After years of having multiple floppies, SCSI, IDE, SATA, USB drives and sticks kicking around the office I’ve decided it can’t carry on like this. I’ve fallen into the habit of buying the biggest USB disk I could afford to shuffle data back and forth between new and old machines as I nuke and pave my way through life.
I’ve also had numerous requests from family and friends over the years to rebuild machines or recover data for them which has just added to my problem. I always like to have two copies of the data when doing anything like this for security against mistakes (of which there have been a few).
The end result is more disks and sticks kicking around with no order or structure. Every time I’ve started to have a sort out in the past, I’ve always ran out of space or needed the device I was loading disks in for real work.
Whilst having a sort out I have come across an old HP xw4600 workstation which has a ton of space inside, 4 SATA ports and even IDE It isn’t the most powerful on the processor front, but it will be perfect for a box I can use as a dedicated platform for this task.
So after digging through the old disks and finding an empty 120G SSD from some unknown source, I connected it up to SATA0 and started installing Ubuntu Server. Even though I’m planning on doing most of the work on the command line via SSH, I decided to install LightDM and LXDE just incase I needed some GUI tools later.
20 minutes later, I have a box which I can wake up remotely from a so called magic packet. In less than 25 seconds later, I can log in locally through the GUI or remotely via SSH, ideal. Now for some more interesting bits. Obviously as with all devices these days some precautions on the security front should be taken to protect against the evils on the Internet.
The Customisation Journey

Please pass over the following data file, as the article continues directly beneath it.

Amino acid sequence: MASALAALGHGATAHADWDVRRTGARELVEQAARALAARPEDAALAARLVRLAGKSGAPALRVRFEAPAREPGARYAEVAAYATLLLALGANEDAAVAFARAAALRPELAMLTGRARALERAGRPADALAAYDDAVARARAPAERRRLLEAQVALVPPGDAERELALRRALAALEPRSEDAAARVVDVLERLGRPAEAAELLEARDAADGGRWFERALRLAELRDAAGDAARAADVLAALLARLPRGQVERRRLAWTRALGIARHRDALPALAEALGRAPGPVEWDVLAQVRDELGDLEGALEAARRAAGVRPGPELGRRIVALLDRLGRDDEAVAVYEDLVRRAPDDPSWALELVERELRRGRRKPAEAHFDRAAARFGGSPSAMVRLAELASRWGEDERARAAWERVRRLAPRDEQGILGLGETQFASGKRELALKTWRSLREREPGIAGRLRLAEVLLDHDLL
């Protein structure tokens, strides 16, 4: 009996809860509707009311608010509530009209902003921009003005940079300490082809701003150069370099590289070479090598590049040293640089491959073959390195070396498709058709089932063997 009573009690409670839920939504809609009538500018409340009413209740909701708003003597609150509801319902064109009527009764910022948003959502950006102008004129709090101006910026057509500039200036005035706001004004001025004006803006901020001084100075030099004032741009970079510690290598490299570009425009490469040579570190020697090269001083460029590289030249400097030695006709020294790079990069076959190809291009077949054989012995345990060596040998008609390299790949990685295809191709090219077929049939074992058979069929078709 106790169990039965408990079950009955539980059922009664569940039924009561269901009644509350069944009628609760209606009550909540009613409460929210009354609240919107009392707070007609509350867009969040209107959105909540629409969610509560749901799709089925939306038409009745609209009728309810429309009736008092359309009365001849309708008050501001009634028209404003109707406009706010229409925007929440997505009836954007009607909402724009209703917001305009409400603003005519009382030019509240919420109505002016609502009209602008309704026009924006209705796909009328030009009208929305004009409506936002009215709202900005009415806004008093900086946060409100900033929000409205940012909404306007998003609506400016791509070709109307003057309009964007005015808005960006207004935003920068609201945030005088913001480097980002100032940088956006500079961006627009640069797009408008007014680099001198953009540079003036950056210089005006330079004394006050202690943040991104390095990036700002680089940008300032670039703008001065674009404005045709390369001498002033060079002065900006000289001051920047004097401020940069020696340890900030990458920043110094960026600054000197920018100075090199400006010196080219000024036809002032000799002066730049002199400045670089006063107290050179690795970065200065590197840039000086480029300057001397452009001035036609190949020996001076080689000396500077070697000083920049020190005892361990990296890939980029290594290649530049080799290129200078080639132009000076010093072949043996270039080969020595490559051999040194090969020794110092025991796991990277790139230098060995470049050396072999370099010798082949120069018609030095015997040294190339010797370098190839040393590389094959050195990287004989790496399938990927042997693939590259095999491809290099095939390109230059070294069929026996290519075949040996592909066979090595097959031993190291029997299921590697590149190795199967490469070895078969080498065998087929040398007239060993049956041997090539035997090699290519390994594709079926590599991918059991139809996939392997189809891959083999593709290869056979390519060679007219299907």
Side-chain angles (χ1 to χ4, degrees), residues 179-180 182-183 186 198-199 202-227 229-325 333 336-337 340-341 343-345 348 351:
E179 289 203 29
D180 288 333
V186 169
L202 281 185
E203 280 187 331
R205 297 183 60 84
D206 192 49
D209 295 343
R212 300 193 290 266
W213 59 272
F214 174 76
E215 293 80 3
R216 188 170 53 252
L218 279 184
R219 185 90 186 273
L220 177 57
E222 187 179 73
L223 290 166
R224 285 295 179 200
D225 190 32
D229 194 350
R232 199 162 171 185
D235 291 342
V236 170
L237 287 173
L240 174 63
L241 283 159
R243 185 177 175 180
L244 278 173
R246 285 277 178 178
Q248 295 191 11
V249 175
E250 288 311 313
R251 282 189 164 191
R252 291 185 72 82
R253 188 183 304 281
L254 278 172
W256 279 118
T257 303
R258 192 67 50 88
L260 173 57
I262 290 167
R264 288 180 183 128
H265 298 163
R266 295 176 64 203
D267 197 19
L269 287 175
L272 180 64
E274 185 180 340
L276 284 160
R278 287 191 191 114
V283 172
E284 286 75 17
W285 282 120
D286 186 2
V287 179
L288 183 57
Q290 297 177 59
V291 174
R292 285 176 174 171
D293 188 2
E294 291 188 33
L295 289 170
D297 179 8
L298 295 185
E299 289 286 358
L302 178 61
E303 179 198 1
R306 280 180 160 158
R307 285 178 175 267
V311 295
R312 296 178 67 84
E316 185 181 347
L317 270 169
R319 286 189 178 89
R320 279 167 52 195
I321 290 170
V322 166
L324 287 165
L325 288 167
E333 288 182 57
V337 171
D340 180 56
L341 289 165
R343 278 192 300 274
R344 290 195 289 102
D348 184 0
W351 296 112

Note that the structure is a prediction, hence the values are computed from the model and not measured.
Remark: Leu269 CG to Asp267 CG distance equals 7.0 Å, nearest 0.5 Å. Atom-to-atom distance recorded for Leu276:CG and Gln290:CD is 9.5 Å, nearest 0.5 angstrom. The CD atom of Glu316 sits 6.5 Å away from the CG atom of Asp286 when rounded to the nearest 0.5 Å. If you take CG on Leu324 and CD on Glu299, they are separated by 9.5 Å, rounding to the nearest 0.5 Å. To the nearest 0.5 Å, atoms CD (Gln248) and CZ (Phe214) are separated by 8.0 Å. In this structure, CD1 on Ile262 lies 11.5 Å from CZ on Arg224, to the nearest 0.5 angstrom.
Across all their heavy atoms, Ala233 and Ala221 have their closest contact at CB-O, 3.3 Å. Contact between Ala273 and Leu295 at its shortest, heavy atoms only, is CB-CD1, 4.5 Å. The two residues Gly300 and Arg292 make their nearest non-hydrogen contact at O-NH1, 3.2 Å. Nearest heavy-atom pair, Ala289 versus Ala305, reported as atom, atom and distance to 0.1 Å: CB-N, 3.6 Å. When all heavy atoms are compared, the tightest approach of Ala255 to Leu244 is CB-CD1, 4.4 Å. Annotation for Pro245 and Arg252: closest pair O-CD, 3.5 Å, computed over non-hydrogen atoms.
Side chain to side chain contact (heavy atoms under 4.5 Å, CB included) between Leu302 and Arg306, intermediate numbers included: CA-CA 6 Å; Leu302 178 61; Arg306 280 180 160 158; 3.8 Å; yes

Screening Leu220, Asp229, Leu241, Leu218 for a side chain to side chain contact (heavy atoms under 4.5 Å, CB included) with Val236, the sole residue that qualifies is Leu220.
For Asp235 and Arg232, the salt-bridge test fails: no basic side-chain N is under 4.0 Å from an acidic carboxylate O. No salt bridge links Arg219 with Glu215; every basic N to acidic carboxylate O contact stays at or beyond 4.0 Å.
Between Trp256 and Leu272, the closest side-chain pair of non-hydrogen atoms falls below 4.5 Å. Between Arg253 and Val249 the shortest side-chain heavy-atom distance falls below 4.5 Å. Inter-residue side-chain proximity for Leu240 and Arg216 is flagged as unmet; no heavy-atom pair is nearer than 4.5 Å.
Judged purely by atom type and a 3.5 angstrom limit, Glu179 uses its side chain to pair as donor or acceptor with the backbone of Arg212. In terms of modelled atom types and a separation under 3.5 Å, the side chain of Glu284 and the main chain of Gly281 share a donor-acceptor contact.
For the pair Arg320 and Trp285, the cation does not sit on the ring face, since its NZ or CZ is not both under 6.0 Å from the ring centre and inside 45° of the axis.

I say Journey, as I never seem to get to a fully configured server, but once the basic ubuntu server build is there, I’ll add some tools etc I require. First off I’ll add the usb auto mount functionality as used in the ubuntu desktop variants along with support for NTFS as I know there will be some old MS Windows disks to go through. Finally here I’ll get the testdisk utilities installed which also provides PhotoRec.
jon@moe:~$ sudo apt update && sudo apt install usbmount ntfs-3g testdisk
Now when I plug a USB Device (disk or stick) it gets auto mounted under /dev/usb? somewhere. This just safes me the bother of doing it manually.
I decided to add a GUI as some of the tools I may use in the future may require it. I went for a simple default lxde core.
jon@moe:~$ sudo apt update && sudo apt install lightdm tasksel -y <snip> jon@moe:~$ sudo tasksel install Lubuntu-core <snip>
Data Recovery Example
A grand total of 45 minutes since starting I’ve got a platform built, now with two extra drives connected. A blank data disk, and a drive which was inadvertently formatted that I need to recover data from. Some 3 hours later, and PhotoRec has already recovered 800+ jpg files.
PhotoRec 7.0, Data Recovery Utility, April 2015 Christophe GRENIER <firstname.lastname@example.org> http://www.cgsecurity.org Disk /dev/sdb - 4000 GB / 3726 GiB (RO) - WDC WD40PURZ-85TUZV0 Partition Start End Size in sectors No partition 0 0 1 486401 80 63 7814037168 [Whole disk] Pass 1 - Reading sector 439340400/7814037168, 843 files found Elapsed time 3h47m26s - Estimated time to completion 63h37m39 jpg: 843 recovered
It is now well past half way, according to the disk geometry, but I will let it run through to its conclusion. Just for the record, it didn’t take the estimated 63 hours, it completed overnight.